An increased focus on standardization is likely to increase the reliability of care delivery. One such effort to standardize care is Geisinger’s diabetes system of care (DSC). Geisinger has redesigned its care system to allow physicians to focus on “physician work” (ie, complex medical decision making, and patient relationships and leading staff members functioning in a top-of-license team). This physician-directed, team-delivered care is facilitated and enhanced by hard-wired technology accelerators available in primary care clinics.11 The care team is a standard office complement involving physicians, advanced practitioners, and front-office staff. Staffing ratios are approximately 2.25 nonproviders to 1 physician or advanced practitioner. This system of care allows the team to focus on an all-or-none bundle that consists of quantifiable measures of care based on commonly accepted clinical elements and intermediate outcome targets (summarized in Table 1) that can be easily implemented during routine primary care visits and are associated with improved outcomes for the patients.12-14

The DSC is a practice-level intervention that changes how care is delivered to all patients with diabetes treated within a primary care practice site. Thus, in this study, all primary care physicians and healthcare providers are employed by Geisinger, are practicing in one of the primary care sites owned by Geisinger, and are subject to the DSC. Operationally, the DSC specifies delegated accountable responsibilities for each team member, with the goal to develop work flows that are measurable and reliable—not dependent on the diligence of individual providers. To this end, DSC emphasizes automation of routine care processes (eg, a provider decision support system built directly into patients’ electronic health records [EHRs], automatically generated patient report cards [to be shared with patients during office visits], and automatic updates to the patient registry).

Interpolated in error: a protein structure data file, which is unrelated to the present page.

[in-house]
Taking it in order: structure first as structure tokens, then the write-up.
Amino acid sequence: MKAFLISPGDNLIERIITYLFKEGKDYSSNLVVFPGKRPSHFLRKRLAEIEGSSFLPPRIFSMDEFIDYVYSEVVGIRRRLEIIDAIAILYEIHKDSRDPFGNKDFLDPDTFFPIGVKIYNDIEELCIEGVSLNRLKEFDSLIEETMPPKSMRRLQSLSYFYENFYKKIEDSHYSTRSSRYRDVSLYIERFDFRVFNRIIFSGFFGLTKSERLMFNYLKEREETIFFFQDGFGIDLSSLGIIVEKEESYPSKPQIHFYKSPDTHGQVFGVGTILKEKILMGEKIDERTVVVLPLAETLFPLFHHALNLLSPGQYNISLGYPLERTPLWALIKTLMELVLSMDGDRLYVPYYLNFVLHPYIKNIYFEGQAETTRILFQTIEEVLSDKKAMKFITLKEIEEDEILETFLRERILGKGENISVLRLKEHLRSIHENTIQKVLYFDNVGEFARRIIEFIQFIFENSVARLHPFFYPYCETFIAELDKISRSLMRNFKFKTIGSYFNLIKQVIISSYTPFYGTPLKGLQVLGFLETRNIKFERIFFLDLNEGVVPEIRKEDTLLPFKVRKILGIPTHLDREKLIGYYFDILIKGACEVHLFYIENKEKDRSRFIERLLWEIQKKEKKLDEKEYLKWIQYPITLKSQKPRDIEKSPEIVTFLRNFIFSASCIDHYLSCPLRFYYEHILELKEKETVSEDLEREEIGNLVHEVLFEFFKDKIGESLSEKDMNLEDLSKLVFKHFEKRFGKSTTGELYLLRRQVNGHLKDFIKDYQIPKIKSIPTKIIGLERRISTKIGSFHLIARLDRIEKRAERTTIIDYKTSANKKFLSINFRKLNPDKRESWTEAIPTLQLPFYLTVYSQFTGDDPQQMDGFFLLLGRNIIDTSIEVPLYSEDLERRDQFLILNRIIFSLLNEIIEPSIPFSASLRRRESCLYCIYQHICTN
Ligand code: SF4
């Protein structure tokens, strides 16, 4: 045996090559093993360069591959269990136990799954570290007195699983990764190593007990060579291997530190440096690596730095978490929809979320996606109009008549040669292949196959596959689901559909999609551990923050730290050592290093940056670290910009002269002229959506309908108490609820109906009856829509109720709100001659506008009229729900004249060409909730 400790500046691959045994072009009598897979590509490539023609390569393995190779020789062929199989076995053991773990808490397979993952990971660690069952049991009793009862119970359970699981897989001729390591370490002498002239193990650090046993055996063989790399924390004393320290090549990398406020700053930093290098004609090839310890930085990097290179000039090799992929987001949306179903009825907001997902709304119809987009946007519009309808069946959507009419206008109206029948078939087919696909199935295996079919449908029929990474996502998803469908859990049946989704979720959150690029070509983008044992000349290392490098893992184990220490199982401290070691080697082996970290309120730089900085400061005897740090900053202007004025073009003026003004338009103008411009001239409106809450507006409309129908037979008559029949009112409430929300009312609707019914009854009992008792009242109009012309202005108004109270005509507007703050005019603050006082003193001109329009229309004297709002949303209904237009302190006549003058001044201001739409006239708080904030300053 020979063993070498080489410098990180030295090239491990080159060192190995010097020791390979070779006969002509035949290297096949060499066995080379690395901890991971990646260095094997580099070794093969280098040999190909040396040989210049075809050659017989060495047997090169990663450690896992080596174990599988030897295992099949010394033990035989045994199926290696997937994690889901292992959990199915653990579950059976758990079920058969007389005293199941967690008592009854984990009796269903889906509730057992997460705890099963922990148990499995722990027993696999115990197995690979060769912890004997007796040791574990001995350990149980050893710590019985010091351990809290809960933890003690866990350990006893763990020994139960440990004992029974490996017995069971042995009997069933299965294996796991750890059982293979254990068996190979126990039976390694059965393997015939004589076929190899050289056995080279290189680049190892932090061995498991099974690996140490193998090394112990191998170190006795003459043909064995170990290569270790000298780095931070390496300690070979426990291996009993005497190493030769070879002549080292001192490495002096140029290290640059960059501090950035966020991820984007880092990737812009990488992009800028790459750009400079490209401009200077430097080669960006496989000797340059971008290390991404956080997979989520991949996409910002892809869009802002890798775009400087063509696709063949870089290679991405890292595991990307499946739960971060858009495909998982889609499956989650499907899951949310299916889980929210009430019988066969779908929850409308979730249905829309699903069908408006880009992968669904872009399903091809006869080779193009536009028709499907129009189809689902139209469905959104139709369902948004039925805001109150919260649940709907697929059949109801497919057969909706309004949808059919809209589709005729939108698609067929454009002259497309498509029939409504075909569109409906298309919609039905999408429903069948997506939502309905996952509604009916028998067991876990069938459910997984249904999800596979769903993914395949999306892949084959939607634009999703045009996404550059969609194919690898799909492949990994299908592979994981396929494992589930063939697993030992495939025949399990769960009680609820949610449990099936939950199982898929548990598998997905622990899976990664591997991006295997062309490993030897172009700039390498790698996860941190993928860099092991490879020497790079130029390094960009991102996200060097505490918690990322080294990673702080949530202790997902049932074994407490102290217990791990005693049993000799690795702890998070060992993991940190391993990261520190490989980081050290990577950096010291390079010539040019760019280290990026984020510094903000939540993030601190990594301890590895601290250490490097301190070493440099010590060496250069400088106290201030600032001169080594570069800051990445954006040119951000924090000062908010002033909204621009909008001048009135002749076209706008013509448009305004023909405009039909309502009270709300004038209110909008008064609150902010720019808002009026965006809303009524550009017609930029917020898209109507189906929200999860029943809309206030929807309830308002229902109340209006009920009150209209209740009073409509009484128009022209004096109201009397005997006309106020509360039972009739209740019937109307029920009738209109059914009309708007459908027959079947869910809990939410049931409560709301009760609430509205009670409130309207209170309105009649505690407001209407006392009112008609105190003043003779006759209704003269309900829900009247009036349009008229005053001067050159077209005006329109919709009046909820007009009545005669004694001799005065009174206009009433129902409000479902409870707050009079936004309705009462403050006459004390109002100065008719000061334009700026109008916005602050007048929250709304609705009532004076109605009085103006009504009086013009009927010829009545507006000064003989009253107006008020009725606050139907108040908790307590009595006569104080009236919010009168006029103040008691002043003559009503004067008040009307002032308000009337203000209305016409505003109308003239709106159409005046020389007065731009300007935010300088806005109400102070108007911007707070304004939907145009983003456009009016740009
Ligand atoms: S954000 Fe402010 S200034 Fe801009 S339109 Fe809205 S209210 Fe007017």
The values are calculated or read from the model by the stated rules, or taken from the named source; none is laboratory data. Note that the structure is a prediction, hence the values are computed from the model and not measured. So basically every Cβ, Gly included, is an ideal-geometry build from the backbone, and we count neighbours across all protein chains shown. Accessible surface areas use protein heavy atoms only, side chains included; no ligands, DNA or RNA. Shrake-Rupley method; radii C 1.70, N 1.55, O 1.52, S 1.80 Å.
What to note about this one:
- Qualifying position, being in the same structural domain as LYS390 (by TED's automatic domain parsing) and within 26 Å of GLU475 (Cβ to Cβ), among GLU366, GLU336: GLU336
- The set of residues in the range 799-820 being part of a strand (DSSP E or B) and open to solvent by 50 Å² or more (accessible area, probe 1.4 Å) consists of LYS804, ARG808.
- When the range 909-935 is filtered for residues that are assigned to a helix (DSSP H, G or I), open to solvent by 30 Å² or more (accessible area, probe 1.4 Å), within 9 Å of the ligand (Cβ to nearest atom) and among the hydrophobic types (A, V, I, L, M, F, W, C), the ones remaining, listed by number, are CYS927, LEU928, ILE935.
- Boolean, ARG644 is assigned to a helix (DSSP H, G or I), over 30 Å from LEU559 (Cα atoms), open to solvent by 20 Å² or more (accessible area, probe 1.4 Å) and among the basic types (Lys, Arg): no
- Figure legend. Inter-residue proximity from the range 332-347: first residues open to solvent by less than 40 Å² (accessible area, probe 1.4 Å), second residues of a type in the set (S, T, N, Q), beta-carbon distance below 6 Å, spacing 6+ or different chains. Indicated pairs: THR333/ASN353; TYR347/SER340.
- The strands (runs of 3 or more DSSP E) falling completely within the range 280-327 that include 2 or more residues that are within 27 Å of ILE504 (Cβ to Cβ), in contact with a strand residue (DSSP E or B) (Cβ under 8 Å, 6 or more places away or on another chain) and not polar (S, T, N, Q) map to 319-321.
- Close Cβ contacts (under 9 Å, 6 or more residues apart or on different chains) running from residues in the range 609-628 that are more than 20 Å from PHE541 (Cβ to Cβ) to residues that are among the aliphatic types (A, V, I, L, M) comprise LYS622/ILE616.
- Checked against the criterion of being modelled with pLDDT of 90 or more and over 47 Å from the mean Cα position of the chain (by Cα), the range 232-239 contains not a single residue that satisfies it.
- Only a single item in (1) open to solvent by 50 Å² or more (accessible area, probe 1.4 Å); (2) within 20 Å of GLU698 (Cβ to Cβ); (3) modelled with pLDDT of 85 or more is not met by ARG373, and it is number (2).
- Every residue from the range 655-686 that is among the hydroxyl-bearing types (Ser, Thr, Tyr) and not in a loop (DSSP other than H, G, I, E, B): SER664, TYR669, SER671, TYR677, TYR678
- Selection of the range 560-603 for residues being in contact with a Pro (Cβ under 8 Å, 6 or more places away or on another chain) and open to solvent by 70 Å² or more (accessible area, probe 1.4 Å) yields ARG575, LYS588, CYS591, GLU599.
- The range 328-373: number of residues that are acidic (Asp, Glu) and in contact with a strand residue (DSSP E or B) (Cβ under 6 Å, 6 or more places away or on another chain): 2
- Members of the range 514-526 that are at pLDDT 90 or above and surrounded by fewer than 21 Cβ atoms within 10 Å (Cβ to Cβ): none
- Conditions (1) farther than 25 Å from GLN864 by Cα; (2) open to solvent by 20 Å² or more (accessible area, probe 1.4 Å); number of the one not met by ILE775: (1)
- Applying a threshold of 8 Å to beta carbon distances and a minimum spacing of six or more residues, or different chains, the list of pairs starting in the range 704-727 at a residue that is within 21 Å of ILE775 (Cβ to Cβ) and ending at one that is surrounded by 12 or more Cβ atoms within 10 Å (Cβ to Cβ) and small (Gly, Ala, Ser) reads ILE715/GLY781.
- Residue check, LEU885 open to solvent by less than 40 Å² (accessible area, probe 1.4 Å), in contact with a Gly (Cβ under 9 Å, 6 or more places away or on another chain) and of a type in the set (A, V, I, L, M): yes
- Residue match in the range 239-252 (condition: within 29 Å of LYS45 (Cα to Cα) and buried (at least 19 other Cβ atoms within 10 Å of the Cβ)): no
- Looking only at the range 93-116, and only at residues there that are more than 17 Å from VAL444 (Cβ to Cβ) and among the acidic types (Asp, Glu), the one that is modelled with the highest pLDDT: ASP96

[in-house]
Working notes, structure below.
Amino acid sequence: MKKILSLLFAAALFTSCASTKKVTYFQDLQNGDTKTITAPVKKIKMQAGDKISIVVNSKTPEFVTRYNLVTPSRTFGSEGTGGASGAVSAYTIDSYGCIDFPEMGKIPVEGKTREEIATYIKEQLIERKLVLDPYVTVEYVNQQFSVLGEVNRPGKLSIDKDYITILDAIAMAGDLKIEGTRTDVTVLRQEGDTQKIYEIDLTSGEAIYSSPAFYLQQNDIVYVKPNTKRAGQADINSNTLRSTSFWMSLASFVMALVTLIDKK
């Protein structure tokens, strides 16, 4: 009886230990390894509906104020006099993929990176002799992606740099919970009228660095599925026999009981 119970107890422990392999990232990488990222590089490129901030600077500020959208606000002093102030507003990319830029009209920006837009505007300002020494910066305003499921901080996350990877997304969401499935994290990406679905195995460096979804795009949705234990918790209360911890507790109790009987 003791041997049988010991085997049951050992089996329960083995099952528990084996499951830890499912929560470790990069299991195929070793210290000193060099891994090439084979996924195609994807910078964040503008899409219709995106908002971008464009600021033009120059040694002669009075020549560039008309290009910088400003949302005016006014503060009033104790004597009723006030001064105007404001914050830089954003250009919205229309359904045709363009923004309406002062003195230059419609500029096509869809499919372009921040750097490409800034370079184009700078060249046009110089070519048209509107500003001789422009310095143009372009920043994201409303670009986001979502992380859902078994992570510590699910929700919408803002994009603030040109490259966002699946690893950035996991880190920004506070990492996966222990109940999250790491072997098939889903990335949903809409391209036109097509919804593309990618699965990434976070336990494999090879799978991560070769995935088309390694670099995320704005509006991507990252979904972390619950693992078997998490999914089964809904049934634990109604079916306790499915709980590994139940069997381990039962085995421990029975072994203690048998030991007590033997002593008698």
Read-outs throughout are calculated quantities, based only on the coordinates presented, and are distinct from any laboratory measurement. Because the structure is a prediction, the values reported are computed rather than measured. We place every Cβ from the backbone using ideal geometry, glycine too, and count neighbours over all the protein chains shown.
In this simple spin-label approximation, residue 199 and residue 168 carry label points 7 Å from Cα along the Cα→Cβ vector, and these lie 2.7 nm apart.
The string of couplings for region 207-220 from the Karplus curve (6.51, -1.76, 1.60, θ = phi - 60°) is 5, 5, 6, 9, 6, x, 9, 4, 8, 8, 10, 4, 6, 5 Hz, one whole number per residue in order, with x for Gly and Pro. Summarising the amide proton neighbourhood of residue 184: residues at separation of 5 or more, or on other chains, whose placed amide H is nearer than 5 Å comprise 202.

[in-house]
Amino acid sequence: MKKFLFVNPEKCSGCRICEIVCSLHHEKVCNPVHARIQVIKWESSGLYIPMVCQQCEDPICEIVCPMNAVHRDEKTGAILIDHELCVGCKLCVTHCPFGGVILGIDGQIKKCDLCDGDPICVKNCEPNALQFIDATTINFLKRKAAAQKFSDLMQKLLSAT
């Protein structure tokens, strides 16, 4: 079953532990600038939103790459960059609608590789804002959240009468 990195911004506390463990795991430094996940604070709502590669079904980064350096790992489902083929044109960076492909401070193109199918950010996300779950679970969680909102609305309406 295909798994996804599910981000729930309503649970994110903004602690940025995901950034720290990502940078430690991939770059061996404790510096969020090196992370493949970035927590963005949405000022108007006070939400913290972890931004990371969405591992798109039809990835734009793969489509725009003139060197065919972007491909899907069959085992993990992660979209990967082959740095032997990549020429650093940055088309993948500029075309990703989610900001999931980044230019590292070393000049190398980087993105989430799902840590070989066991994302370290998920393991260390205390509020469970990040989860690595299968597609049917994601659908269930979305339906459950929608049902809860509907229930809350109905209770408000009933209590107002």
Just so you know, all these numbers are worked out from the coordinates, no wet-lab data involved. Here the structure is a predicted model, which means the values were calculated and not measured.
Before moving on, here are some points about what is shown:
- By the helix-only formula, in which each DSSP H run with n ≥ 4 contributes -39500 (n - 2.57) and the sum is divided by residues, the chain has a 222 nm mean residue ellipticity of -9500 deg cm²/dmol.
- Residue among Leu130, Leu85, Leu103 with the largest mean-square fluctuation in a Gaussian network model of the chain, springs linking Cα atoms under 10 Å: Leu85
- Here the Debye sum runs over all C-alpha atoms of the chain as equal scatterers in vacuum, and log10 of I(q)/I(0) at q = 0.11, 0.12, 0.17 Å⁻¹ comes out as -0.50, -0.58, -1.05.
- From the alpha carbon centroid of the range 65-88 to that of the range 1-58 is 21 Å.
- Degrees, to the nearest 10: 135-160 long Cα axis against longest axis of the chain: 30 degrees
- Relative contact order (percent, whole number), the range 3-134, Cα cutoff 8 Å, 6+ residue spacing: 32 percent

The DSC also includes monthly feedback, active physician leadership, and administrative leadership management of performance and incentive payments to the primary care team, based on the proportion of the team’s population of patients with diabetes who achieved all of the process and intermediate outcome measures. Furthermore, these feedback reports are made available to all other physicians/teams within Geisinger to encourage improvements among lower-performing teams. One study12 has shown that during the 3-year period following the first implementation of the DSC in January of 2006, patients with diabetes whose physician-led care teams had implemented the DSC experienced lower rates of myocardial infarction, stroke, and retinopathy. For more detailed descriptions of the DSC program elements and their implementation, refer to previously published studies.12,15,16

In this study, we built upon this previous work and sought to quantify the impact of these improved health outcomes by estimating any cost saving associated with patients’ exposure to the DSC. More specifically, we tested the following 2 hypotheses: 1) during the first year of the DSC exposure, the cost of care will be higher for the DSC-exposed patients than it is for the non–DSC-exposed patients, due to increased adherence to the clinical guidelines (eg, frequent testing, aggressive medication optimization); and 2) in subsequent years, cost of care for the DSC-exposed patients will be lower. In testing these hypotheses, we separately examined the association between the DSC and each of the main cost components—namely, inpatient, outpatient, and professional costs—and sought to determine the main sources of savings.